The pro-life students involved with the pro-life organization at Carleton University in Ottawa, Canada have faced attacks on their free speech rights for years and now the organization faces a new one.
This week, the former Canadian Federation of Students national deputy chair Shelly Melanson proposed a referendum question to the Carleton University Students’ Association (CUSA) which is creating a firestorm of controversy. The proposed question involves censoring certain groups, specifically pro-life organizations.
The referendum asks: “Are you in favor of banning groups such as Lifeline, the Genocide Awareness Project, Campaign for Life Coalition and other organizations that use inaccurate information and violent images to discourage women from exploring all options in the event of pregnancy from Carleton University?”
The question has been added to CUSA’s Write of Referenda for 2012, which indicates that the referenda will be held concurrently with the 2012 General Elections.
“Carleton Lifeline has already been decertified as a university club,” said Taylor Hyatt, co-president of Lifeline, the pro-life student group. “What this referenda question amounts to is an attempt to not only censor pro-life students, but ostensibly have them evicted from Carleton’s campus. Is Carleton University and CUSA going to start removing students for doing pro-life activities?”
Carleton Lifeline was decertified and defunded by CUSA in December of 2010, several months after five pro-life students were arrested on campus by police officers summoned by campus security for attempting to erect a graphic display, the Genocide Awareness Project.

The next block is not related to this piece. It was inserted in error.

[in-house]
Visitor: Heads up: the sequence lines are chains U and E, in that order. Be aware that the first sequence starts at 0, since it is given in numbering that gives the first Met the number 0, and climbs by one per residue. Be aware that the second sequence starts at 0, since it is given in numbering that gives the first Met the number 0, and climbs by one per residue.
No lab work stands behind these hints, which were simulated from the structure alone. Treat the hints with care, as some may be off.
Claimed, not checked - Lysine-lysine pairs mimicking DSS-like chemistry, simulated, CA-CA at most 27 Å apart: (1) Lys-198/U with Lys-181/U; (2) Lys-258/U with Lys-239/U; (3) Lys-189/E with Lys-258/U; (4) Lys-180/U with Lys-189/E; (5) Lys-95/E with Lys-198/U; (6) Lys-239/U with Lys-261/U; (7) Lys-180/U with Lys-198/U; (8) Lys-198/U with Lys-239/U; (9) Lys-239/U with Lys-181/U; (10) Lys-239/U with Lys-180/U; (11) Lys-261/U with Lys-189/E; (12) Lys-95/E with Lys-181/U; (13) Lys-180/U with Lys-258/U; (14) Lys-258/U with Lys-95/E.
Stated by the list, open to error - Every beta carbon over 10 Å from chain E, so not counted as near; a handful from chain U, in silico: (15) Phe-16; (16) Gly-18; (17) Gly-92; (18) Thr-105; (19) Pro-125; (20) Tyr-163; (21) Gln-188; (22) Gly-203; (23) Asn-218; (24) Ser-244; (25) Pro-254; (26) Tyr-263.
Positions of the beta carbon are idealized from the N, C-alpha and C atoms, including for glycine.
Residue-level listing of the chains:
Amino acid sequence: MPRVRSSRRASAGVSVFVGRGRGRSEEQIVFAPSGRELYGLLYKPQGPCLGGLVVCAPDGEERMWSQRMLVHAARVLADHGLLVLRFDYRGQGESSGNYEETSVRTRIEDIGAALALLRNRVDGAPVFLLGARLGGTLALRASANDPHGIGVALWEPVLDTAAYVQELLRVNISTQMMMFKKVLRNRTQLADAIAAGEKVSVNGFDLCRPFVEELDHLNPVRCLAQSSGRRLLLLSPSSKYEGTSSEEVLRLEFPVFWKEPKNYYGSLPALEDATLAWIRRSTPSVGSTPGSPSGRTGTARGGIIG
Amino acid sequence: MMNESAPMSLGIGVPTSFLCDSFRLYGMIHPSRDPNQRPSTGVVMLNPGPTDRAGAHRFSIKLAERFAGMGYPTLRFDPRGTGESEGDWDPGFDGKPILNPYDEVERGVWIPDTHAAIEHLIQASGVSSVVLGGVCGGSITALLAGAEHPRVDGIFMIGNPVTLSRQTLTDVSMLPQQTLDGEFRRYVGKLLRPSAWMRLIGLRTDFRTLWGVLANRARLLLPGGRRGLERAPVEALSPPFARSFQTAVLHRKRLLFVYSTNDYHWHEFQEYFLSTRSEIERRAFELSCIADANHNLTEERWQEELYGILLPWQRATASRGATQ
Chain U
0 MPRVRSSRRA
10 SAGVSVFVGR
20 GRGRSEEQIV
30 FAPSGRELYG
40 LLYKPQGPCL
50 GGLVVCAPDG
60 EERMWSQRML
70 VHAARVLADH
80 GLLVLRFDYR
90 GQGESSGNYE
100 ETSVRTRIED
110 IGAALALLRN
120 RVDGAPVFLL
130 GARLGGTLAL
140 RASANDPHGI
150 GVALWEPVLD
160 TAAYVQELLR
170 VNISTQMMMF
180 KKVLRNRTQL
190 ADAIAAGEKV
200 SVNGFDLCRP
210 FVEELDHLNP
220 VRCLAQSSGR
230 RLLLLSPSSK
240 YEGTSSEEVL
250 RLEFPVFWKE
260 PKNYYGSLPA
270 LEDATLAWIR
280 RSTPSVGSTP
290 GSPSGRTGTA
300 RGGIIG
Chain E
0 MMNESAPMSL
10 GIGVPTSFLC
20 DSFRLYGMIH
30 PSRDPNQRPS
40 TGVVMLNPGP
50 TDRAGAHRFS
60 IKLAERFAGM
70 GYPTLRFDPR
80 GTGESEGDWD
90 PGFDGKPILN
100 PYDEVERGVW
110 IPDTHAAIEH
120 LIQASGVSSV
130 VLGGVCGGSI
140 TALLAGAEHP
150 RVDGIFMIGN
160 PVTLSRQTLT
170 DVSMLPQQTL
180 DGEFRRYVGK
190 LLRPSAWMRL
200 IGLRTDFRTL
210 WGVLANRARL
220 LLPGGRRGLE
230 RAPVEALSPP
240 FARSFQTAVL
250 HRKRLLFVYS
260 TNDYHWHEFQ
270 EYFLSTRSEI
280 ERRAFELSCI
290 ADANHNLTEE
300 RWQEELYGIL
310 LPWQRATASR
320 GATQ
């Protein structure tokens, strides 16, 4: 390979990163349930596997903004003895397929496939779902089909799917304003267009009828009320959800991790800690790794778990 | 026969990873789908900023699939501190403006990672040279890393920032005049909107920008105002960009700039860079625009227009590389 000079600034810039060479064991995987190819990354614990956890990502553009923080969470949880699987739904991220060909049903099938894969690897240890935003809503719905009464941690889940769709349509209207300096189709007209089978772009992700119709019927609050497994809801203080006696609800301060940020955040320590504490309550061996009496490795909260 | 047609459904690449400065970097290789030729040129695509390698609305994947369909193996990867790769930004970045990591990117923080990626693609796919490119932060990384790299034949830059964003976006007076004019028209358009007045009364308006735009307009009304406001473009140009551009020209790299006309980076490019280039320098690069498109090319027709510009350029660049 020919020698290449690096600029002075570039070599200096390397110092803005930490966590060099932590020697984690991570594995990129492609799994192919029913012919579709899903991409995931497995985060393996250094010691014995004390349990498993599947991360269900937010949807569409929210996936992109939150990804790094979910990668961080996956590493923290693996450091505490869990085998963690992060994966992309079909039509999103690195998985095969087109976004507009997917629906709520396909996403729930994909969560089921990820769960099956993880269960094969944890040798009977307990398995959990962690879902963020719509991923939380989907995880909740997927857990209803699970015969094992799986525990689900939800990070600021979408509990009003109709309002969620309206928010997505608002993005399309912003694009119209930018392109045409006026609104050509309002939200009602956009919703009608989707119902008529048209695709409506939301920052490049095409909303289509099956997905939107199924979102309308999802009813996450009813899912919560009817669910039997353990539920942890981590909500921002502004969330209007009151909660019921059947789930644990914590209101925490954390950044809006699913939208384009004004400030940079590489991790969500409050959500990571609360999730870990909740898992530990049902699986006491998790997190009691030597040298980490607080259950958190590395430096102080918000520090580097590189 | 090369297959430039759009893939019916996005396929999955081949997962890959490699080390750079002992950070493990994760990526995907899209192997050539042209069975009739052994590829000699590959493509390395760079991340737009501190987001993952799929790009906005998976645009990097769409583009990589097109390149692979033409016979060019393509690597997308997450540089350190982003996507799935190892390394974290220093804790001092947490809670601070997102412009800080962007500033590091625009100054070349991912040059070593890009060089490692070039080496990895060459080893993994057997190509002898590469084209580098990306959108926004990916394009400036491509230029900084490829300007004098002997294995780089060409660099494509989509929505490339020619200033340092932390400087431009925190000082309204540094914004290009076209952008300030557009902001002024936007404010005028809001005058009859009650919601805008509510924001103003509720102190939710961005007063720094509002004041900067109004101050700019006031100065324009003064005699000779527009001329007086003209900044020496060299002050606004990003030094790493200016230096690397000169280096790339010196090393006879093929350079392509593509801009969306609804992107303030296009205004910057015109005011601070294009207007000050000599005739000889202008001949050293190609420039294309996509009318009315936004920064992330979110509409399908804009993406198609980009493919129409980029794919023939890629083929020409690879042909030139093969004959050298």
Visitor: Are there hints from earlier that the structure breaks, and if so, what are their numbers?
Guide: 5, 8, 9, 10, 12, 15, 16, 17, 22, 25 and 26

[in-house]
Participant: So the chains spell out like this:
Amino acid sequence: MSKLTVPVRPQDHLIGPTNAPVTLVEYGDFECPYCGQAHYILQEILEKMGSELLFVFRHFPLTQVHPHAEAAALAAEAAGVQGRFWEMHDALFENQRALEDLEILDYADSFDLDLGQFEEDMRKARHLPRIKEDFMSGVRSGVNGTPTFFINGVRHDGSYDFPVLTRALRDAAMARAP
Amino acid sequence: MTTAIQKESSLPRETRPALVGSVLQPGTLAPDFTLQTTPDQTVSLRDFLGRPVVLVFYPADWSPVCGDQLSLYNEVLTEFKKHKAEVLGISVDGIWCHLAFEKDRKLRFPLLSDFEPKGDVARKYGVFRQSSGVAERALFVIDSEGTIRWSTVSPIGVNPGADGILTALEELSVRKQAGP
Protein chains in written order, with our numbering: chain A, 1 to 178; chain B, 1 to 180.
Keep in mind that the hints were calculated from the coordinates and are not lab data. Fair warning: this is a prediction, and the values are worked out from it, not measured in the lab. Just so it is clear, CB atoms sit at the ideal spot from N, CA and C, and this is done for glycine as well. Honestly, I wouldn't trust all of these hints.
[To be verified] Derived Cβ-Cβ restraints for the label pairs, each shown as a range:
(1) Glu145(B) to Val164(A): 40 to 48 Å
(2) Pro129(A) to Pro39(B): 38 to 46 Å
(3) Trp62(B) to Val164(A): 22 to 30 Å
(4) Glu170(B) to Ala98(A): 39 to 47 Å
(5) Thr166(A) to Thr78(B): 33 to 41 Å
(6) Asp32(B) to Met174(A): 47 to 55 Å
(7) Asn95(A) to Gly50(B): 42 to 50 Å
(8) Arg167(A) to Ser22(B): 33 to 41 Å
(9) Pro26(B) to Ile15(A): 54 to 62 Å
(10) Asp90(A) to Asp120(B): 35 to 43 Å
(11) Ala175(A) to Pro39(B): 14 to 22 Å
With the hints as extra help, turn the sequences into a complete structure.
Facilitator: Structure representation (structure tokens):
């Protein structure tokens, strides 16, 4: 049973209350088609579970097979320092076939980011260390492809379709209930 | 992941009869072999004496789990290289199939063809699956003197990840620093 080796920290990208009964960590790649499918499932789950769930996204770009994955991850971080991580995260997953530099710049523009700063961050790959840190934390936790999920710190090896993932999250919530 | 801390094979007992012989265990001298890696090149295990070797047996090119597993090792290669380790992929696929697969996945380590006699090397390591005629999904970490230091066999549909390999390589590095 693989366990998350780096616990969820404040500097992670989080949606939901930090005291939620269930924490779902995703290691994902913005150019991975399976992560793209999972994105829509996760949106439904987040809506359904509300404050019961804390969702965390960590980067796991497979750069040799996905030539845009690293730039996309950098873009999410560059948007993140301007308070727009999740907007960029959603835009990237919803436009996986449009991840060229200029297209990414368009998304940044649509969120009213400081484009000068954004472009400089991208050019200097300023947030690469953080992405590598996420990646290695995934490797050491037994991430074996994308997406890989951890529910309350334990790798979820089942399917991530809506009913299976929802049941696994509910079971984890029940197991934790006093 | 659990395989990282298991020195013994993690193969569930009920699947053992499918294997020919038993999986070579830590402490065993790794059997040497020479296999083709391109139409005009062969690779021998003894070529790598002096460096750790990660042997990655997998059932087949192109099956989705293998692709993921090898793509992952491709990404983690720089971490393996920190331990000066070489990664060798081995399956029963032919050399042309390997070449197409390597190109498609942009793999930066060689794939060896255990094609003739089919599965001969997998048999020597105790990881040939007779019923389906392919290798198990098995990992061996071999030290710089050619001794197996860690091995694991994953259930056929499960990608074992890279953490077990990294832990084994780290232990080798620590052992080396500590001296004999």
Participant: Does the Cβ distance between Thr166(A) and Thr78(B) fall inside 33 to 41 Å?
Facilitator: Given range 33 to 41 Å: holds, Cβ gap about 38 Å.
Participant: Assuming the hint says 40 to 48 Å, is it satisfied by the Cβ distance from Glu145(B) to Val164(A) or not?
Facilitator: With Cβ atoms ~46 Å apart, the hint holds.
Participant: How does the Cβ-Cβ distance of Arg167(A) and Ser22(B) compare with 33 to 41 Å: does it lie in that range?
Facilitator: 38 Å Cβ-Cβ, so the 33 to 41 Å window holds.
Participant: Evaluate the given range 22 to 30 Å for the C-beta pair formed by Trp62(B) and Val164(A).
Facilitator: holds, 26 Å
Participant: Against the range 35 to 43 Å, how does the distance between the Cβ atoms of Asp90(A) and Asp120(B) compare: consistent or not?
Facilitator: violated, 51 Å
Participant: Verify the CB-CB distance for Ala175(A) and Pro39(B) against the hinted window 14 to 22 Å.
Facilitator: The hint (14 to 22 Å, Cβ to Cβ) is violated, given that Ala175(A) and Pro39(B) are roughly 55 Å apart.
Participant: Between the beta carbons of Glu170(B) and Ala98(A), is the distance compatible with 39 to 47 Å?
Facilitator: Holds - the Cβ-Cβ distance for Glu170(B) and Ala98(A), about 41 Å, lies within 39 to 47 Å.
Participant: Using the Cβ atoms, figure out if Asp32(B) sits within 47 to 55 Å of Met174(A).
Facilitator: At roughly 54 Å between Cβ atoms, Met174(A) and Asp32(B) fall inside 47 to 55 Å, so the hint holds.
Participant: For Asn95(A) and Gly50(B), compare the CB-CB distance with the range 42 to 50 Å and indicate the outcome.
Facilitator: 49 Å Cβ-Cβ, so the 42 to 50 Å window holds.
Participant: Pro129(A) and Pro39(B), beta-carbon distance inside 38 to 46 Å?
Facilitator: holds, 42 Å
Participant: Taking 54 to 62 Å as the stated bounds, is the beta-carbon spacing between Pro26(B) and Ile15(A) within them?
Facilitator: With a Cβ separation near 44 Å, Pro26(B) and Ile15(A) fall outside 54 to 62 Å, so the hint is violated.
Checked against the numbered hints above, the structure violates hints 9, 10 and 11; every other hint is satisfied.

Former Lifeline president Ruth (Lobo) Shaw, who was arrested at Carleton in 2010 for engaging in free speech about abortion, commented, “Carleton University and the student union have already made every attempt to silence students who attempt to have a discussion about abortion. They’ve already handcuffed Carleton students and put them in paddy wagons once. Is Ms. Melanson advocating for this to be standard university procedure when faced with dissenting views?”
Brandon Wallingford, the CUSA Arts and Social Sciences Councillor, decried the question as an infringement upon freedom of speech and noted that pro-life students were not the only group targeted.
“It is disturbing that there are those who wish to ban opposing points of view instead of engaging in the type of mature discussion that universities used to be famous for,” said Wallingford. “Instead, we have individuals showing a callous disregard for the rights of those who disagree with them, as is indicated by their attempt at further censoring and banning other student groups on campus including my club, the Firearms Association of Carleton University. These attacks on the rights of Carleton students, whether they be pro-life students or students who enjoy sport shooting, are disgusting and a violation of their fundamental freedoms of expression and association.”
Trespassing charges that had been pressed against pro-life students at Carleton University for putting up a pro-life displayed banned by the administration of their own college campus were withdrawn in November.
On October 4, 2010, Carleton University had members of Lifeline handcuffed, arrested, charged and fined with trespassing for attempting to display an exhibit that the University administration deemed disturbing and offensive due to the graphic nature of the display. In November 2010, Carleton University’s administration provided Lifeline with an ultimatum regarding the expression of their opinions and threatened further arrests.